Ever since the advent of the first business, trusted employees have stolen from their employers. Occasionally they stole for revenge or even excitement, but for the most part, they stole for money. Traditionally, perpetrators have been found in the stock room, maybe working a register, or handling accounting. However, with the advent of corporate IT networks that provide hundreds and thousands of employees with easy access to highly valuable information, the most dangerous of perpetrators are now sitting in a cubicle row or in a corner office.
A quick scan of headlines reveals that these perpetrators are of both genders and are found in all geographies and industries.
- A Dupont scientist stole $400 million in intellectual property from his employer in the form of 16,706 documents and over 22,000 scientific abstracts
- An employee working in a Texas physicians office that was contracted to treat FBI agents attempted to sell an agent's health records to drug traffickers for $500 A Federal Emergency Management Agency (FEMA) employee stole the identity information of 200 persons and opened $150,000 in credit accounts
Whether it's for a little money or a lot, malicious employees have been fleecing their employers for years. Unfortunately, with the recent economic downturn, more white-collar workers might feel that the reward, or the vengeance of stealing from their employer, may outweigh the risk of being caught. Job losses, plummeting 401[K]s, foreclosures, and fire-sale mergers are taking a financial toll on the best of workers, who feel they have no control over their destiny. Combine increasing financial stress with easy access to highly valuable corporate data and a multitude of on-line black market outlets that turn information into cash, and you have the perfect recipe for insider cybercrime.
Employees can commit cybercrimes such as fraud, identity theft and theft of intellectual property much faster and easier than un-trusted outsiders. Never before have so many had so much access to such a wealth of data. For example, an employee with access to sensitive information doesnt have to be a world-class hacker to print it, copy it to an MP3 player, or e-mail it to a friend. Knowing this, many organizations have already increased their vigilance by monitoring activities that may signal insider threats:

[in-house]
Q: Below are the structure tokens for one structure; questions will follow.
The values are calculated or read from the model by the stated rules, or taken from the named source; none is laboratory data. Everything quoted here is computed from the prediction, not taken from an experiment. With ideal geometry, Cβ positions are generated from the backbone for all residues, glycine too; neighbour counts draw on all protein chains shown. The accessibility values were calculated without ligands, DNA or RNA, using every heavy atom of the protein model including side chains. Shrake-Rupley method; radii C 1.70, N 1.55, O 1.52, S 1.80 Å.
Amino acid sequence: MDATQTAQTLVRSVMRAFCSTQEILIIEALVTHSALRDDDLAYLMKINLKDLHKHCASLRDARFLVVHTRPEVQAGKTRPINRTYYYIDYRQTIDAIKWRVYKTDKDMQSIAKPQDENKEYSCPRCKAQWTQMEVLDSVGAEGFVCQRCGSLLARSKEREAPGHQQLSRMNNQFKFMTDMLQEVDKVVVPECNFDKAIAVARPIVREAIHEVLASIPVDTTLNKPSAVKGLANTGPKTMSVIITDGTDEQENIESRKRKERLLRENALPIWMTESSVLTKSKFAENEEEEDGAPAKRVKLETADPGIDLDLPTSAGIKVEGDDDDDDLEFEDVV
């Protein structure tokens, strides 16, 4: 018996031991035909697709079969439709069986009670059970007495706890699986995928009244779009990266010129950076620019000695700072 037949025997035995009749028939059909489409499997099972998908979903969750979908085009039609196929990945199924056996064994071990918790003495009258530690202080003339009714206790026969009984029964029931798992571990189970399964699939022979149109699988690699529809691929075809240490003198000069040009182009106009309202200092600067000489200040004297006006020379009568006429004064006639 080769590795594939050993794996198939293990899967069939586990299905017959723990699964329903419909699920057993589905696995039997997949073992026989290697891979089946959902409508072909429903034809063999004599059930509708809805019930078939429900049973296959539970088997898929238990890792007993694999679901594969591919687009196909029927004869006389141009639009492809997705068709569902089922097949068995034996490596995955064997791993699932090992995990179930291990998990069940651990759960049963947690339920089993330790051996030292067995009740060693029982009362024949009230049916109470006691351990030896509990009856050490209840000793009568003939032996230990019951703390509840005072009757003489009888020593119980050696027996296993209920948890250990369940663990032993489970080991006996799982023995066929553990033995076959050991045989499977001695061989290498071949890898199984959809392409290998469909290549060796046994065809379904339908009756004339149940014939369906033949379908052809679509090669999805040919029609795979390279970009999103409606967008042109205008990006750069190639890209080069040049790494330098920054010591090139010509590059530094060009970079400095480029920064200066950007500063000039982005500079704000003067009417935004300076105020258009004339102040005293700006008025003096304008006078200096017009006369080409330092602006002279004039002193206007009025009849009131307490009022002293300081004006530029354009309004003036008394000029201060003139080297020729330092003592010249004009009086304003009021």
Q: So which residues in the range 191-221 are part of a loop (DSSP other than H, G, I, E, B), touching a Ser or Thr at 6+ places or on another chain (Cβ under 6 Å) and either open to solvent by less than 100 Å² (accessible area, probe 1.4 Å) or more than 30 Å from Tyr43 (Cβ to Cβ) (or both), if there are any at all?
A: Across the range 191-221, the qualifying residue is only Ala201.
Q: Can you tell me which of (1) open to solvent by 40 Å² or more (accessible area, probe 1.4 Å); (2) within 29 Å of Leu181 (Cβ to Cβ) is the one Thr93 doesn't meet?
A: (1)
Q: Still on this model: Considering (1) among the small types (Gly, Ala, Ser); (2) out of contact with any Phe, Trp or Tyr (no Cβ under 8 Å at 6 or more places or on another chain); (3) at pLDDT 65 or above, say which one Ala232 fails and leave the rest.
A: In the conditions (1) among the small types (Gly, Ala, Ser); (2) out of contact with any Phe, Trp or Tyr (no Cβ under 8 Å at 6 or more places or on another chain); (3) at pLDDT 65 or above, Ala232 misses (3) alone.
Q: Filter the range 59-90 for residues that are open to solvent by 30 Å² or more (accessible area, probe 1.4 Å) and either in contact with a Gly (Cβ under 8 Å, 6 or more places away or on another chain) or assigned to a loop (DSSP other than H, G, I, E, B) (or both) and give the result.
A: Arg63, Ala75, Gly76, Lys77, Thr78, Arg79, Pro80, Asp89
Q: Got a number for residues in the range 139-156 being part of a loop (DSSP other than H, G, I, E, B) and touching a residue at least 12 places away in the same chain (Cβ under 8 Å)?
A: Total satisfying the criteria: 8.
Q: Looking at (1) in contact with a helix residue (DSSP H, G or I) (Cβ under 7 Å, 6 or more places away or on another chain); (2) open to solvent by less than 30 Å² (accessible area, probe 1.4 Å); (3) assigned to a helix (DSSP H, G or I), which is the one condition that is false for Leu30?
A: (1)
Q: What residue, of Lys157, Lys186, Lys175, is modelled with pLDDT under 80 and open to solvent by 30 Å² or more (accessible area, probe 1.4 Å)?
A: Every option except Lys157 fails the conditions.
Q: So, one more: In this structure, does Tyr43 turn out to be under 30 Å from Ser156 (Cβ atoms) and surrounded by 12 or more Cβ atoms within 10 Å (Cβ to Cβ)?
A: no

- What applications employees are using and how are they being used
- What data is being accessed and how much
- What information is being downloaded, printed, or emailed, and at what time of day
When we work as security advisors to our customers, we are increasingly asked for tools and processes to better monitor how trusted users such as employees, consultants, partners, and others are operating on the network. Our clients have clearly shifted from worrying mostly about external hackers, worms, or phishing attacks to worrying about the insider threat, which now appears to be their number-one concern. Based upon what we're seeing globally, there will be a greater onus on monitoring for insider activity and determining the "who" when an incident occurs. Questions such as who did it; should they be doing it, and if not, what else are they doing; how long has it been happening; and who else is involved, need to be addressed efficiently and effectively. At the end of the day, you can't arrest a laptop.
Some people might see this as "Big Brother." Perhaps surprisingly, however, not only are organizations pushing for this type of monitoring, but so are many employees. In these hard times, an attack on a company could have a direct impact on employees; the company could even go out of business and employees could be out of a job. This is exactly what happened to Ellery Systems in Colorado when an employee gave intellectual property to a competitor. This case helped lead to the Economic Espionage Act of 1996, which makes the theft or misappropriation of a trade secret a federal crime. Since the damage caused by an insider can be substantially higher than that caused by an outsider, prudence dictates that insider monitoring be put in place for everyones protection. Much like a store owner keeps an eye on his inventory and registers, corporations are keeping an eye on their most important asset, information.
Monitoring for malicious insiders isn't "Big Brother." It's smart business, and it helps protect employers as well as their employees. ##
Tom Reilly has served as ArcSight Chief Executive Officer since September 2008 and as ArcSight President since August 2007. Mr. Reilly served as ArcSight Chief Operating Officer from November 2006 to September 2007. He holds a B.S. in mechanical engineering from the University of California, Berkeley.